“Hopewell forager-farmers appear to have lived in small homesteads, in groups of one to a few households…the residents of multiple individual homesteads formed a ‘residential community’ responsible for the construction and maintenance of a nearby earthwork,” Wright said.
In his article “Hopewell Archaeology,” Elliot M. Abrams concurs, describing the Hopewell as a society living in a “dispersed agricultural hamlet model” where small local communities (two to four families) “were spatially associated with mounds and larger earthwork complexes…the pattern in the Licking Valley shows small communities affiliated first with local and smaller earthworks and then with the much larger Newark Earthwork Complex.”
The Hopewell were part of an intricate and far-reaching trading web that stretched across much of what is now the eastern United States. The Archaeological Institute of America points out that “The Hopewell culture participated in long-distance trading networks, acquiring copper from the upper Great Lakes, mica from the Carolinas, shells from the Gulf of Mexico, and obsidian from the Rocky Mountains.”
A tour of Ohio’s Hopewell sites stimulates the imagination, fuels intellectual curiosity, and helps us to appreciate our region’s distant history. For instance, evidence of the Hopewell’s wide-ranging trade system has been found in the artifacts recovered from ceremonial mounds and burial sites and can be seen first hand at “The Great Indian Quarry of Ohio” at Flint Ridge State Memorial (15300 Flint Ridge Rd., Glenford). During the Middle Woodland period, Native Americans began to quarry flint on an industrial scale and literally hundreds of quarry pits and workshop sites can be found scattered across more than 2,000 acres in Licking and Muskingum counties. Flint Ridge was a gathering place for local and distant Indian tribes to collect flint for trade, tools, and weaponry and to meet with distant friends and relatives. Visitors to this ancient quarry site will find a couple of miles of non strenuous hiking trails winding through the woods, taking them past numerous quarries perched atop the ridge.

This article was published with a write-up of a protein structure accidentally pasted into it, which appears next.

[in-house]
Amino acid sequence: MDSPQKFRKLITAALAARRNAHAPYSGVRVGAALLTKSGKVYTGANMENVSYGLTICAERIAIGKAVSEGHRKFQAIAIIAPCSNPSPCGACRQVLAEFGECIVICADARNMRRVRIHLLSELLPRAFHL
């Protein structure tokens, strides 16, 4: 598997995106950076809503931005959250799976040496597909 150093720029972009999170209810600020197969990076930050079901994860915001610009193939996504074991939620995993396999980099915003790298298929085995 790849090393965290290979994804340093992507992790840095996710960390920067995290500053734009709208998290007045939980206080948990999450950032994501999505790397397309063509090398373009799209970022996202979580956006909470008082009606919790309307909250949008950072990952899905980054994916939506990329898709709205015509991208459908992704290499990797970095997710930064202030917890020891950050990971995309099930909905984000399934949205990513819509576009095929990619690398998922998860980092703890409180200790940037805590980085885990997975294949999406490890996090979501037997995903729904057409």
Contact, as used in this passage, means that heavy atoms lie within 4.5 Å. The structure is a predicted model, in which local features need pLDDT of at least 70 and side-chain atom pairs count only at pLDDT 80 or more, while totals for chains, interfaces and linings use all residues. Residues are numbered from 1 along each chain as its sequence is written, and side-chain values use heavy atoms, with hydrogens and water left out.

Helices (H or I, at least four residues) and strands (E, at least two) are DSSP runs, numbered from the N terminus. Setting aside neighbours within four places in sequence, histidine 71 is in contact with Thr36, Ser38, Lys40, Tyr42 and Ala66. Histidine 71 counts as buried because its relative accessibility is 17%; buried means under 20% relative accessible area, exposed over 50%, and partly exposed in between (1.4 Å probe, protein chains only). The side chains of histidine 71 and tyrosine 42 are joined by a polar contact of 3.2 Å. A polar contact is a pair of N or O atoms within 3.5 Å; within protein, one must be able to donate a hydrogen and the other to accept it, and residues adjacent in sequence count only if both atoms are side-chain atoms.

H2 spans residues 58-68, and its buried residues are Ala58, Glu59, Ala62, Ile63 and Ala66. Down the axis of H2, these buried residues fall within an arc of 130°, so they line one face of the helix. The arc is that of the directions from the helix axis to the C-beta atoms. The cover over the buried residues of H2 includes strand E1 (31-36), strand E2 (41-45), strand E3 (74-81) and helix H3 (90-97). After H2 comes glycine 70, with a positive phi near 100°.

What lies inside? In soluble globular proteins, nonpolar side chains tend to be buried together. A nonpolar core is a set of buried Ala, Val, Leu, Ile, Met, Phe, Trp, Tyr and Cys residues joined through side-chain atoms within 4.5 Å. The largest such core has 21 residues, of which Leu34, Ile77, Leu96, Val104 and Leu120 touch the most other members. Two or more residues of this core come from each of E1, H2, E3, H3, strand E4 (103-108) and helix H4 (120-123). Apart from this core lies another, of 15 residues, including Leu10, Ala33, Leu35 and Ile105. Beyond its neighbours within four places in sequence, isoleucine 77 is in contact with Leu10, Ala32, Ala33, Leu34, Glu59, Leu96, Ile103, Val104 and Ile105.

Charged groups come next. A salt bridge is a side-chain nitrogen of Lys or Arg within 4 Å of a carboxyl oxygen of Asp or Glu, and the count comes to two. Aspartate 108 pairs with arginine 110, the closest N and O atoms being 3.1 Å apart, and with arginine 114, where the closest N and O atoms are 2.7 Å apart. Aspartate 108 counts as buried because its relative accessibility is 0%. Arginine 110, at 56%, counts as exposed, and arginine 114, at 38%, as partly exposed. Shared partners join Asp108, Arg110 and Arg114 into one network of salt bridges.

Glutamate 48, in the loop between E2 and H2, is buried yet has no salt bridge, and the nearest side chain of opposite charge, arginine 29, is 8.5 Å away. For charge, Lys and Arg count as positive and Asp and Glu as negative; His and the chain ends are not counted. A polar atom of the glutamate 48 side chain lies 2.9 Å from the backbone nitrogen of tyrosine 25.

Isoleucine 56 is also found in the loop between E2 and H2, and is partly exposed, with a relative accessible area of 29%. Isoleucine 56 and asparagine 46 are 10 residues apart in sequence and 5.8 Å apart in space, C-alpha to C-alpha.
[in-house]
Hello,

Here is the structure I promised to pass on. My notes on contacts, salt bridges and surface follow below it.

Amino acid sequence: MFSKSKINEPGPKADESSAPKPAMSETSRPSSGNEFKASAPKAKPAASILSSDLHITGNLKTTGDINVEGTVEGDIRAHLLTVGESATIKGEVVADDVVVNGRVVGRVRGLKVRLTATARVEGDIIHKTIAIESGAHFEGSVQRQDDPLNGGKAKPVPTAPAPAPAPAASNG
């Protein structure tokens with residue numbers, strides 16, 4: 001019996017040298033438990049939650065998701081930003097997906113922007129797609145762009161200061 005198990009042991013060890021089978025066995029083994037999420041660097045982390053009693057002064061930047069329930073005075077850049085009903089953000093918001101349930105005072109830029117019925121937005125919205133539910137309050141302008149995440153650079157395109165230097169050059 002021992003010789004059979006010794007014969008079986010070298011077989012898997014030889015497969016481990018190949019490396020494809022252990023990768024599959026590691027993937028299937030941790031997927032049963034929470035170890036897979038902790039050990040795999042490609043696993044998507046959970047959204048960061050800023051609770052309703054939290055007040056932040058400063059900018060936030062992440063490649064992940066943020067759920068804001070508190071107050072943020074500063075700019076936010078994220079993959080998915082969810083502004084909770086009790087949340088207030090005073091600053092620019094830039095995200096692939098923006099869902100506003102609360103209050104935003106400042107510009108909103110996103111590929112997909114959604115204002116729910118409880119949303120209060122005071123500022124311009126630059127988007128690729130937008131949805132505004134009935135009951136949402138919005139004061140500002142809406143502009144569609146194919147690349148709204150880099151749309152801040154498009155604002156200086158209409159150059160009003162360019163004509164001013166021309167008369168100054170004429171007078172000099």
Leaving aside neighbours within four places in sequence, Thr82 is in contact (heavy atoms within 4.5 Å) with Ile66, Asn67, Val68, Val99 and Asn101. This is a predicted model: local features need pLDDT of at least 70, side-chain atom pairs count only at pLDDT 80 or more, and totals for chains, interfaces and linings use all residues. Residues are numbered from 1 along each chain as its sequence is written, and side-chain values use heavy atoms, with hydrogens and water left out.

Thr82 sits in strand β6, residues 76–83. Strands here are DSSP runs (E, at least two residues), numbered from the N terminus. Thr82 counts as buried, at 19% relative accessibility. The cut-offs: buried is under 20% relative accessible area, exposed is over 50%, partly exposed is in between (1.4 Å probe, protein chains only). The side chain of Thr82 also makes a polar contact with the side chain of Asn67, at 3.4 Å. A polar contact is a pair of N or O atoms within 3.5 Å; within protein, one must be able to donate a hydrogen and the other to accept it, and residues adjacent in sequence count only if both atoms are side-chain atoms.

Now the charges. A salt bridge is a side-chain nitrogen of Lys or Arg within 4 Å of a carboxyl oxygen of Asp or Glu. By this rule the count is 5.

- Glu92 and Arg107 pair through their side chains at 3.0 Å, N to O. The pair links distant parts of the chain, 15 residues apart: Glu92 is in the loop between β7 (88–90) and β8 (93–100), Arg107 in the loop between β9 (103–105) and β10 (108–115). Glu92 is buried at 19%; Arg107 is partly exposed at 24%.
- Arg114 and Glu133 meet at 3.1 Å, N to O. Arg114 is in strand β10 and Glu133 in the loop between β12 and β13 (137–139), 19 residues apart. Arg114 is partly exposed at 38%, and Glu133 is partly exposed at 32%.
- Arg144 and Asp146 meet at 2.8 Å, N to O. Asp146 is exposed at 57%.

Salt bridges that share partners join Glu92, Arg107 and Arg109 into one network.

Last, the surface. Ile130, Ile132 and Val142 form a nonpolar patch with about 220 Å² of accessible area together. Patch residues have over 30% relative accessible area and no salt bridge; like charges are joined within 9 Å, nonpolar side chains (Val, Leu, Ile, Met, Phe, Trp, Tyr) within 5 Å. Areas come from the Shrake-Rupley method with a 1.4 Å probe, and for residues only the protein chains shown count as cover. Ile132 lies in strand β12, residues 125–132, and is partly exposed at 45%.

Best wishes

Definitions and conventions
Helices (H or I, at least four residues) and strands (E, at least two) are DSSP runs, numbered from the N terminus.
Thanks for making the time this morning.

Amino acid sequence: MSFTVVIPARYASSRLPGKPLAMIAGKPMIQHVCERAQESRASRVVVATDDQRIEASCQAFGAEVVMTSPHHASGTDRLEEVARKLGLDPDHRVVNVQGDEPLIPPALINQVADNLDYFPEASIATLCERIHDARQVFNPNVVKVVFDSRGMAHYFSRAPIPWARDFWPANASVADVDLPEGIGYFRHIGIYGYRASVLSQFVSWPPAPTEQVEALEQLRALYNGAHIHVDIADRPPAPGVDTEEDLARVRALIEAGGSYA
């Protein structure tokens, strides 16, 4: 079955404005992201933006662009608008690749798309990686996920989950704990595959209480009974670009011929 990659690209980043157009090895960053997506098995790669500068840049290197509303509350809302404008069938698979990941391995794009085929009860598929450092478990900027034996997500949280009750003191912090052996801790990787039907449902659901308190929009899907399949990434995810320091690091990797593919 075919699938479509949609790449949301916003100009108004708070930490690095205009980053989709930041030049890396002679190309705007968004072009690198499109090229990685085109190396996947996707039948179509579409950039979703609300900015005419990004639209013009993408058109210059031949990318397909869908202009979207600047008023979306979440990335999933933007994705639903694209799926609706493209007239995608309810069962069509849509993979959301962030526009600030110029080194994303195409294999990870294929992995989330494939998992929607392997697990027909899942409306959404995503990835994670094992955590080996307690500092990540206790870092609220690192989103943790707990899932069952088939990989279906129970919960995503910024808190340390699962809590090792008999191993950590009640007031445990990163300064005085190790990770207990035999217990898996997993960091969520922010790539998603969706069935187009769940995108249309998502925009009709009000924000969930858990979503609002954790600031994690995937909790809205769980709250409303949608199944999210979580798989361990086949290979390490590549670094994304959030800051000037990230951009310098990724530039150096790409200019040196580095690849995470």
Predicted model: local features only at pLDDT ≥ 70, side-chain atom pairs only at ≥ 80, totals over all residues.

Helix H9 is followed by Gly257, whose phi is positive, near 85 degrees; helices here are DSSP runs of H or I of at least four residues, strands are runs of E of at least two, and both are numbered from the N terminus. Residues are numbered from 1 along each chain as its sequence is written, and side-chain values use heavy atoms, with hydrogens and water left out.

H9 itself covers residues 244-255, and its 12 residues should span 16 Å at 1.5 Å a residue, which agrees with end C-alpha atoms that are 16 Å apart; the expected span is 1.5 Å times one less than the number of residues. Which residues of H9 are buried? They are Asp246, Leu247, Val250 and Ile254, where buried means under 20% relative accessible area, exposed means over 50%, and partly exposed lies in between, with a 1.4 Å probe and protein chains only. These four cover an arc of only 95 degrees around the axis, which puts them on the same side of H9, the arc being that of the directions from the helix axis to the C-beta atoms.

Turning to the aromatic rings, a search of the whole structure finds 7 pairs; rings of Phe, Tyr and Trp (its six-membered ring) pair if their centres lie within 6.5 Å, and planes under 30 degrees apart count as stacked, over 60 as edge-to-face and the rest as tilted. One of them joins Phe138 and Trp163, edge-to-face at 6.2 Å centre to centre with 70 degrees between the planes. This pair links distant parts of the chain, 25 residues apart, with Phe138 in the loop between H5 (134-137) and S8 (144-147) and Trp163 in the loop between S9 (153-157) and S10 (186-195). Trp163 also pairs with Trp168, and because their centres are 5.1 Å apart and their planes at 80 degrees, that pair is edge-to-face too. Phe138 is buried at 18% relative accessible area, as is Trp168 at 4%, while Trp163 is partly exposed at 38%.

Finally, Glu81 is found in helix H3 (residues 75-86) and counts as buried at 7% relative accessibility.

Flint Ridge is just 11 miles from The Newark Earthworks Complex (455 Hebron Rd., Heath). This site preserves three sections of earthworks: The Great Circle Earthworks, The Octagon Earthworks, and the Wright Earthworks. The largest known geometric earthen enclosure in the world, The Newark Earthworks were multifunctional Hopewell structures that served as part religious center, part burial ground, and like many earthworks that were aligned with the movements of the stars and sun, part astronomical observatory. The site, which may have been one of the most important, central locations in the Hopewell world, is open to the public, although its museum is currently closed due to COVID.
Seventy five miles south of the Newark Earthworks lies Hopewell Culture National Historic Park (16062 SR 104, Chillicothe). This national park showcases several large geometric earthworks and burial mounds at several sites around the Chillicothe area. The Mound City Group, the largest and most impressive preserved site in the area, has a Visitor Center (currently closed due to COVID) featuring educational displays and Hopewell artifacts. Travelers heading from Newark Earthworks to the Chillicothe sites should note that their travel corridor may closely mirror one that was laid down by the Hopewell thousands of years ago. Recently, there has been conjecture that at the height of Hopewell culture, there was an Indian road that connected the Newark site to the Chillicothe site. Ohio Historical Society archaeologist Bradley Lepper, based on his study of aerial photography and maps of the region, has found trace evidence of parallel earthen banks or walls marking what was a ceremonial roadway between the two locations that he has named the “Great Hopewell Road.”